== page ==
Home From The Sidelines Bosnia Commemorates the Victims of the Srebrenica Genocide, 25 Years Down

Bosnia Commemorates the Victims of the Srebrenica Genocide, 25 Years Down

Srebrenica Genocide

Srebrenica Genocide

On July 11th, Bosnia marked 25 years of Europe’s most violent and gruesome mass slaughter after Holocaust- the Srebrenica Genocide. The Srebrenica massacre refers to the ethnic cleansing and mass killing of Bosnian Muslims by the Serbian and Bosnian forces in 1995. It is said to be one pf the worst mass murder instances in Europe since World War-2. Akin to the Holocaust, it imprinted the survivors with indelible emotional scars and still continues to be the reason for political conflict among different ethnic groups in Bosnia and Herzgovania.


The Bosnian war (1992-1995) led to mass killings of the Bosnikas (Bosnian Muslim) and Bosnian Croats by the Bosnian-Serb forces. On July 11th, 1995, Commander Ratko Mladić captured the town of Srebrenica, a Muslim dominion on Serb territory in Herzgovania and Bosnia. The United Nations forces had deployed a Dutch battalion, Dutchbat, during the Bosnian war and the   Bosnian Muslims sought refuge with these forces under the UN. But to their dismay, the UN failed to protect the thousands of families who lost their kin in the bloodbath that pitted the Bosniaks and Croats against the Serbs, killing around 100,000 people. The reports also suggested that the UN was guilty of handing over young boys and men to the Serb forces, despite knowing that they would be mercilessly butchered, which was further testified by a personal report submitted by the UN Secretary General Kofi Annan in 1999. Anan remarked, “The tragedy of Srebrenica will forever haunt the history of the United Nations.” Post their own investigation that began in 2003, the Bosnian and Herzegovinian government issued an official apology for the massacre and 2016 Radovan Karadžić, the former president of Republika Srpska, was sentenced to 40 years of imprisonment which was later increased to lifetime imprisonment in 2017 for he was found guilty committing war crimes, crimes against humanity an gebocide by the International Criminal Tribunal for the former Yugoslavia. Another wartime political figure, Randovan Karadzic was also wardre a lifetime sentence by a court at The Hague.

25 Years After the Massacre

On Saturday, a service was organised at the Srebrenica-Potocari Memorial and Cemetery, outside Serbernica. Owing to the pandemic, the turnout of people who joined was much lesser than usual, but the spirit was unaltered. There were about 100 dignitaries in the ceremony, who followed proper social distancing norms and preventive measures. The European Union leaders referred to the anniversary as “a painful reminder” of Europe’s failure to mitigate and eschew such violence and noted in an official statement, “We must confront the past with honesty and look to the future with determination to support the next generations.” UK Prime Minister Boris Johnson also offered solidarity to the families of the victims and said that many assassins are still left scot-free. Prince Charles said that the pogrom was “a dreadful stain on our collective conscience [and] the international community failed those who were killed, those who somehow survived and those who endured the terrible loss of their loved ones.”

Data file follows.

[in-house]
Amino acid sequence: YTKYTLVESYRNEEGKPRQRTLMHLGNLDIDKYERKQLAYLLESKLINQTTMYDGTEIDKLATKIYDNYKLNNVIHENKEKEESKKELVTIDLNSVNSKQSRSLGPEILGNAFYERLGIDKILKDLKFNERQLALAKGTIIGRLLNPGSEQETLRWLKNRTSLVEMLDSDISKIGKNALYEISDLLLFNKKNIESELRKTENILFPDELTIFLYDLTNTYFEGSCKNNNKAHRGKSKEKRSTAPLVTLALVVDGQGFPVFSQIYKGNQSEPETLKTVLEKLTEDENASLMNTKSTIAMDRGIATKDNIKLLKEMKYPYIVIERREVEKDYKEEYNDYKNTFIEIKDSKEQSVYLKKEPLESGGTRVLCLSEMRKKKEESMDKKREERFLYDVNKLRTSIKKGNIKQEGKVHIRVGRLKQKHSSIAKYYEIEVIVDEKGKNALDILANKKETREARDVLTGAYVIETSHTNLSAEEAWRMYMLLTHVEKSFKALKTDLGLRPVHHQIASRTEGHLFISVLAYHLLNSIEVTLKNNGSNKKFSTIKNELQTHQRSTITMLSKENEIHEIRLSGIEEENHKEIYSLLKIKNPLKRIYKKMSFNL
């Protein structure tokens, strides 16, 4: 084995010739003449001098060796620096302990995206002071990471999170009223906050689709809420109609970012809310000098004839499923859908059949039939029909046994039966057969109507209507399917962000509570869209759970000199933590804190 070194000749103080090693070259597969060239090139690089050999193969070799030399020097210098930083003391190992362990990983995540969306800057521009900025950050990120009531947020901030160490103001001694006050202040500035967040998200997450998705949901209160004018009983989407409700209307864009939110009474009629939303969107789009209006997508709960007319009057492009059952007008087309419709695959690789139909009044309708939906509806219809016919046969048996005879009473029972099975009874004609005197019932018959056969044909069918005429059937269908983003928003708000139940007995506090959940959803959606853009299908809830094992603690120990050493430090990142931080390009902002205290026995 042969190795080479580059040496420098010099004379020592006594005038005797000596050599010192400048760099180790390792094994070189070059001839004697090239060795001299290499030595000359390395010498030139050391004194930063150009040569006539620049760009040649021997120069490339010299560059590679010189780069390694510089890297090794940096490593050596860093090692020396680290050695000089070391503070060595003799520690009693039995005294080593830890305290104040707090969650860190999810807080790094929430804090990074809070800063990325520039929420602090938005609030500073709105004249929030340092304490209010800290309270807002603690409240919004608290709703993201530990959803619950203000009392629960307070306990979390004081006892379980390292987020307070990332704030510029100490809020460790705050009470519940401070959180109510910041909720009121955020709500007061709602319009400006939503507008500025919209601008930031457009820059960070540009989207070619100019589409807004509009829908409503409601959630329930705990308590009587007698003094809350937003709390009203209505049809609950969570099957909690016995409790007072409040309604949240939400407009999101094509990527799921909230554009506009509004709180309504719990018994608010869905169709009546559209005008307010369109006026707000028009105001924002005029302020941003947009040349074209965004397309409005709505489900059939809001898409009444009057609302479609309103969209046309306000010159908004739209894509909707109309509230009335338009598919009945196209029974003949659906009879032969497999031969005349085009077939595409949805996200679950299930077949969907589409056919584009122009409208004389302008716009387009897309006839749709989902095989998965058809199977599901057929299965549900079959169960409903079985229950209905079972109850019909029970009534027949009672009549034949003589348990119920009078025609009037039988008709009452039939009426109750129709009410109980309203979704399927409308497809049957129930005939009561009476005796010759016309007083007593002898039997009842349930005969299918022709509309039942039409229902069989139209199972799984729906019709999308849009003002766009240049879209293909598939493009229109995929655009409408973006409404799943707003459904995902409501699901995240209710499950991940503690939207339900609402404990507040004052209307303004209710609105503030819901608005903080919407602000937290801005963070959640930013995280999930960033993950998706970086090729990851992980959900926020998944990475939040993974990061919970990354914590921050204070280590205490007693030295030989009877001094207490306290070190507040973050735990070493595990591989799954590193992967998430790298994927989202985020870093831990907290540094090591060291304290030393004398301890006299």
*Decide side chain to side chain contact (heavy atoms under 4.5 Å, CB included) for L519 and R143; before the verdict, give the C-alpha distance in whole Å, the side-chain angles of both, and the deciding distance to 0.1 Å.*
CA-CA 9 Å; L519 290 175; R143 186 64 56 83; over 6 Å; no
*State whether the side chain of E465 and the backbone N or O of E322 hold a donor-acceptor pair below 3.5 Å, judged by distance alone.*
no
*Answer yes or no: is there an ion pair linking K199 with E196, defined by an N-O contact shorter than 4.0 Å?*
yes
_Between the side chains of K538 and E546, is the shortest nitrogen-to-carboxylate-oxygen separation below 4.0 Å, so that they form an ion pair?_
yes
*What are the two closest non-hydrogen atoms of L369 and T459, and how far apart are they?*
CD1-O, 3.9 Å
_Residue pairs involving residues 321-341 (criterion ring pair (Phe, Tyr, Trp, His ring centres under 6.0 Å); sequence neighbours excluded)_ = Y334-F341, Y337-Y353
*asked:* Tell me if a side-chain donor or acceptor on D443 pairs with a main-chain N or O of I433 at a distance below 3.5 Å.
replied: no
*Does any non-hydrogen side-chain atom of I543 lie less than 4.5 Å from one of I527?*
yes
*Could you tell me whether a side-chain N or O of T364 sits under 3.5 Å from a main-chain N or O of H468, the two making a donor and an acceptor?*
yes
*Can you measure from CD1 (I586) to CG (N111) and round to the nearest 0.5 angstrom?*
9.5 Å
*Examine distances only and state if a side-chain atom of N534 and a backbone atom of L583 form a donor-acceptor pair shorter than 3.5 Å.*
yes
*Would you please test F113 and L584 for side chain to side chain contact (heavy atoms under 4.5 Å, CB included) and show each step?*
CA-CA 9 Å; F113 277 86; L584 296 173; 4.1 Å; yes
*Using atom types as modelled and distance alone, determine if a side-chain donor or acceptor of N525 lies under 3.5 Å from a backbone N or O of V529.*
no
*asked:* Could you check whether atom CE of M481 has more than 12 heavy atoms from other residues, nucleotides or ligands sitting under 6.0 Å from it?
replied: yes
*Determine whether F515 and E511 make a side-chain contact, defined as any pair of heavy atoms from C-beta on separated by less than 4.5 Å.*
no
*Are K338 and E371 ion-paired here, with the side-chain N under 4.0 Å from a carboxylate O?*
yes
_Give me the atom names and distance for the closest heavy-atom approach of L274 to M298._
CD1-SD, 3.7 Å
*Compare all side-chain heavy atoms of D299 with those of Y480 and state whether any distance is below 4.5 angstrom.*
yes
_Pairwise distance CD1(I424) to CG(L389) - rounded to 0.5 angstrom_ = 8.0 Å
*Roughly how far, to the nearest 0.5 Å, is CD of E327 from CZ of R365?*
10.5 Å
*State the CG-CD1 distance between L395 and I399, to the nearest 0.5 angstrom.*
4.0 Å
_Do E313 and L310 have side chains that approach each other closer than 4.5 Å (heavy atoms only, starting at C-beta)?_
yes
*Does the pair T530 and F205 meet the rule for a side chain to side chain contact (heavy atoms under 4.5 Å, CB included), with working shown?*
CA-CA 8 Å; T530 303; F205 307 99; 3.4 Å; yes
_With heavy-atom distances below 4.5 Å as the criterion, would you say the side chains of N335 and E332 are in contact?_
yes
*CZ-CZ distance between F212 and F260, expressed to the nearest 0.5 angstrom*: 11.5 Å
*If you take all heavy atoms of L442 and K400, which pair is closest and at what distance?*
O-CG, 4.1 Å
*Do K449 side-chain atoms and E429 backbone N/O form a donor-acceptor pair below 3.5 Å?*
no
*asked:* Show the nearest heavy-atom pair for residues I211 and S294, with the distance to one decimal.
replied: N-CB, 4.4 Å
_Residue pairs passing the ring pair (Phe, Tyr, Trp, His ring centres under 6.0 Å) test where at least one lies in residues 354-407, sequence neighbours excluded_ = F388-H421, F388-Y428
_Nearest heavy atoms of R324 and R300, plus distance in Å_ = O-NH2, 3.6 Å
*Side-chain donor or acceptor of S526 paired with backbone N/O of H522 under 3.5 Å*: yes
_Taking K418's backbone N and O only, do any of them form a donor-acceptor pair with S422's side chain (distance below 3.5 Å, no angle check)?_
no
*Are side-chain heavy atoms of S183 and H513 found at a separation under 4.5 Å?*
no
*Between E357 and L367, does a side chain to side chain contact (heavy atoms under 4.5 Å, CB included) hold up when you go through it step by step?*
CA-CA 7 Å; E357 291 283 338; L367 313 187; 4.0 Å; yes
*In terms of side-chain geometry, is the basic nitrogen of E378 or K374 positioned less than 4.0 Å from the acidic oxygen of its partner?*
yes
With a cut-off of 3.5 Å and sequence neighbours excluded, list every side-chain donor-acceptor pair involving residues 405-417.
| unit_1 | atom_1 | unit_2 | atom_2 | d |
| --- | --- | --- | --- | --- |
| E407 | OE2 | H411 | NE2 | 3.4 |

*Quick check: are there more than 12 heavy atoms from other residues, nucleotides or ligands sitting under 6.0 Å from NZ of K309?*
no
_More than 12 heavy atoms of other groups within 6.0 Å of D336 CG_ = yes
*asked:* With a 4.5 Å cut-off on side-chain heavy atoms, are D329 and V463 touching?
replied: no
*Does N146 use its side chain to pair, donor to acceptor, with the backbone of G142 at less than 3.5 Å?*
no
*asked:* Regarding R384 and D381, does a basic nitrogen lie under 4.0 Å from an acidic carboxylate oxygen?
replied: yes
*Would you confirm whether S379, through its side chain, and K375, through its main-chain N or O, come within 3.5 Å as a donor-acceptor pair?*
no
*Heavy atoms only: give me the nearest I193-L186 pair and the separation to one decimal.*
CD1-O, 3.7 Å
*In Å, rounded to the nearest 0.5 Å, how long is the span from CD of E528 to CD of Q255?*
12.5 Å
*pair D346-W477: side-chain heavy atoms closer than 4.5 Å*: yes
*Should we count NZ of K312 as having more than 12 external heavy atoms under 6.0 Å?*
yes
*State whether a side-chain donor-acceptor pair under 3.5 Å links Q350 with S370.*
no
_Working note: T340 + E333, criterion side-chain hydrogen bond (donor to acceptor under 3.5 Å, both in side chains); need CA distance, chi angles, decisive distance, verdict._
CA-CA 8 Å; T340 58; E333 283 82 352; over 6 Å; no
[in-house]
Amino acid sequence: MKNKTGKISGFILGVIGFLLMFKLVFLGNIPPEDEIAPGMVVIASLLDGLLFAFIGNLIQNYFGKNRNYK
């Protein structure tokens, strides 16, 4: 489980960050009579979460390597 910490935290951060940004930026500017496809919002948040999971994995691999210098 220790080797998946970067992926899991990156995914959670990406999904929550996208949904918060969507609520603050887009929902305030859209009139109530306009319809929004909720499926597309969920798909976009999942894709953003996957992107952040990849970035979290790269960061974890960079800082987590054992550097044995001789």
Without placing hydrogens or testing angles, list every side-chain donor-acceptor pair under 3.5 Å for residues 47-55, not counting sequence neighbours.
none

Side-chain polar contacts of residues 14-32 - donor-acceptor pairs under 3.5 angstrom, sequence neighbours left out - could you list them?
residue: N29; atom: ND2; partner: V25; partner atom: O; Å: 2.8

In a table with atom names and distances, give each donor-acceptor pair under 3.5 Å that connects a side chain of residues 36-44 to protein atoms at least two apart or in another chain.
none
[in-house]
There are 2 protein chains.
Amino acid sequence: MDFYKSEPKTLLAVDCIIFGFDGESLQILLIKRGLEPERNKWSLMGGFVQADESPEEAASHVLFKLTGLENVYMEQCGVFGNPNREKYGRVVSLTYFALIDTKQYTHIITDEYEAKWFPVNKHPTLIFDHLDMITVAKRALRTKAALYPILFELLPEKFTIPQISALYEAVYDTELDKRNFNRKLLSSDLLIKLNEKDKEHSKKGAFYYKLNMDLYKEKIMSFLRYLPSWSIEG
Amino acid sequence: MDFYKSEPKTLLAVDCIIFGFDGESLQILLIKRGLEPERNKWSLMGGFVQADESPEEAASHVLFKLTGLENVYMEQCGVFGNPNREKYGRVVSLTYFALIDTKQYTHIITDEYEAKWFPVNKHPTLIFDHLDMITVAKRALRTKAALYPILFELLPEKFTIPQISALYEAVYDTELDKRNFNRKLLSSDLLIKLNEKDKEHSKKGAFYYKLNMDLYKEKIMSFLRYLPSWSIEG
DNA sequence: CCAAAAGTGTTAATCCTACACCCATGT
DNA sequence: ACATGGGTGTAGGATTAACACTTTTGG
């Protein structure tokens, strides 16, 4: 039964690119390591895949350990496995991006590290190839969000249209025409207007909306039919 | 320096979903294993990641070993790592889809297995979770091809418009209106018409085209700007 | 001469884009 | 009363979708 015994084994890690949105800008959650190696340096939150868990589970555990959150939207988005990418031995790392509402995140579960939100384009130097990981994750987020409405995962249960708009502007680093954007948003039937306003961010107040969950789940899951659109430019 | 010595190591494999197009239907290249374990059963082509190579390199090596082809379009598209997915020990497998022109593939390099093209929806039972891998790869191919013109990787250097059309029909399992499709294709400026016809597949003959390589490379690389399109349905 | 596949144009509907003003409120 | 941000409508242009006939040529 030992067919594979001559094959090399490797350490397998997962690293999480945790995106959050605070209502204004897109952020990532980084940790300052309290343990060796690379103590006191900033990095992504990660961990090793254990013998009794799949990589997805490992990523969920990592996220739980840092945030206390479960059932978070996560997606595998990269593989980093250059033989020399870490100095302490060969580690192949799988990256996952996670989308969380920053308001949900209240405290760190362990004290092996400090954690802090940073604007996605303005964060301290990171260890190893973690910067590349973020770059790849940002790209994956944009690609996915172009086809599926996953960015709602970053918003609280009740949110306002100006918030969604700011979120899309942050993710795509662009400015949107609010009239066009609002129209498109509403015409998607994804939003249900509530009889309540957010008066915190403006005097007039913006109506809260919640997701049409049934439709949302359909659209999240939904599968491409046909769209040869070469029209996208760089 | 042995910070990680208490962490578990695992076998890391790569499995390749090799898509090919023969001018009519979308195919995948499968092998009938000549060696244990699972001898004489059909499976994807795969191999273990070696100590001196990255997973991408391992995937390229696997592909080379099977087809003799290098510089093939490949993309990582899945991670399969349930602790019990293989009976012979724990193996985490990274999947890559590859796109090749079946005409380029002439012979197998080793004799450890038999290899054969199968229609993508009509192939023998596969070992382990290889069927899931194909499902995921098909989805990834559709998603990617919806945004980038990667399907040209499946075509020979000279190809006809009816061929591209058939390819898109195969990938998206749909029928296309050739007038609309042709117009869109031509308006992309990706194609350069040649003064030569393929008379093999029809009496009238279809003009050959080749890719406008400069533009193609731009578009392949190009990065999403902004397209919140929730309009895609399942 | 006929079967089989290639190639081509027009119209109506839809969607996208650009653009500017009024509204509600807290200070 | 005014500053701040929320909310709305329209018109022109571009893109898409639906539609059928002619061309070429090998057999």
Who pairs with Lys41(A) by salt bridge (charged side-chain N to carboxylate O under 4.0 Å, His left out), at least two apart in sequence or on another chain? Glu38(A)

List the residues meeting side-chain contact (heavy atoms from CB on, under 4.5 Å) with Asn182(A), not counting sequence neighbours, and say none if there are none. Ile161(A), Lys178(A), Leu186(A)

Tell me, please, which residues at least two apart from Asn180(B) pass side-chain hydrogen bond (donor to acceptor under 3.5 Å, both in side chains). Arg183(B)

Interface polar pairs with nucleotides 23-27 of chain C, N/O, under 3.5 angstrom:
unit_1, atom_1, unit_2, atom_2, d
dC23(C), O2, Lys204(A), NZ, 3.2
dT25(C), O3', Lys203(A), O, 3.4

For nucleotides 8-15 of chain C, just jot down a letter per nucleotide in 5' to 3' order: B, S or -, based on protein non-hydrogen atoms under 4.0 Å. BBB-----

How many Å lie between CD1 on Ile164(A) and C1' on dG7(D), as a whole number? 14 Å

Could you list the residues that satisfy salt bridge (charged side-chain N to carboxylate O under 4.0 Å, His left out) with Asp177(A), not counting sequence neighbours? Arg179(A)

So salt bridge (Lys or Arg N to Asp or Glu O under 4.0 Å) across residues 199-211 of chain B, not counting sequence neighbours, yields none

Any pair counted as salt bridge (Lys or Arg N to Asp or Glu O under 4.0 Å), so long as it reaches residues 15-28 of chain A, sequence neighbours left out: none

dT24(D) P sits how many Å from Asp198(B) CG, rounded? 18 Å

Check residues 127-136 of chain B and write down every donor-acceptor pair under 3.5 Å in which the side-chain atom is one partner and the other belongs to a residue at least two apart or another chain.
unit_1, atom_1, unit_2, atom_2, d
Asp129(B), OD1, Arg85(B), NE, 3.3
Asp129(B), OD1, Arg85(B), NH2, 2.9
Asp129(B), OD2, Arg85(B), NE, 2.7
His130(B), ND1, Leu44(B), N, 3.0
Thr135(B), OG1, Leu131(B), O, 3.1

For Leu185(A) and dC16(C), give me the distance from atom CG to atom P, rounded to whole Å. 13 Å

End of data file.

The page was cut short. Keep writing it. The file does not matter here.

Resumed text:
Though the Serbian President Aleksandar Vucic said that the Serbernica episode is somethimg that they are ashamed of as a counyry, he refrained from using the word genicide for the cold-blooded mass murder of 1995. While Ratko Mladic still remains revered as a hero by many Serbs, the Bosnian Muslims relentlessly and vociferously reject this glorification of the massacre and press for the recognition of the intensity of this historical carnage. Their demand for consequent justice was voiced by the president of the Mothers of Srebrenica association, Munira Subasic, who has spearheded and mobalised numerous justice campaigns for the families of the victims, in the Saturday ceremony where she said, “ My first message is to the war criminals, those who committed the crime of genocide. We will haunt you and we will never wear down. One of us will always be there to haunt you. It is our right and our duty.” The ceremony also witnessed the burial of theremaons of the nine new victims who were identified over the past one year, at a cemetary in Potocari.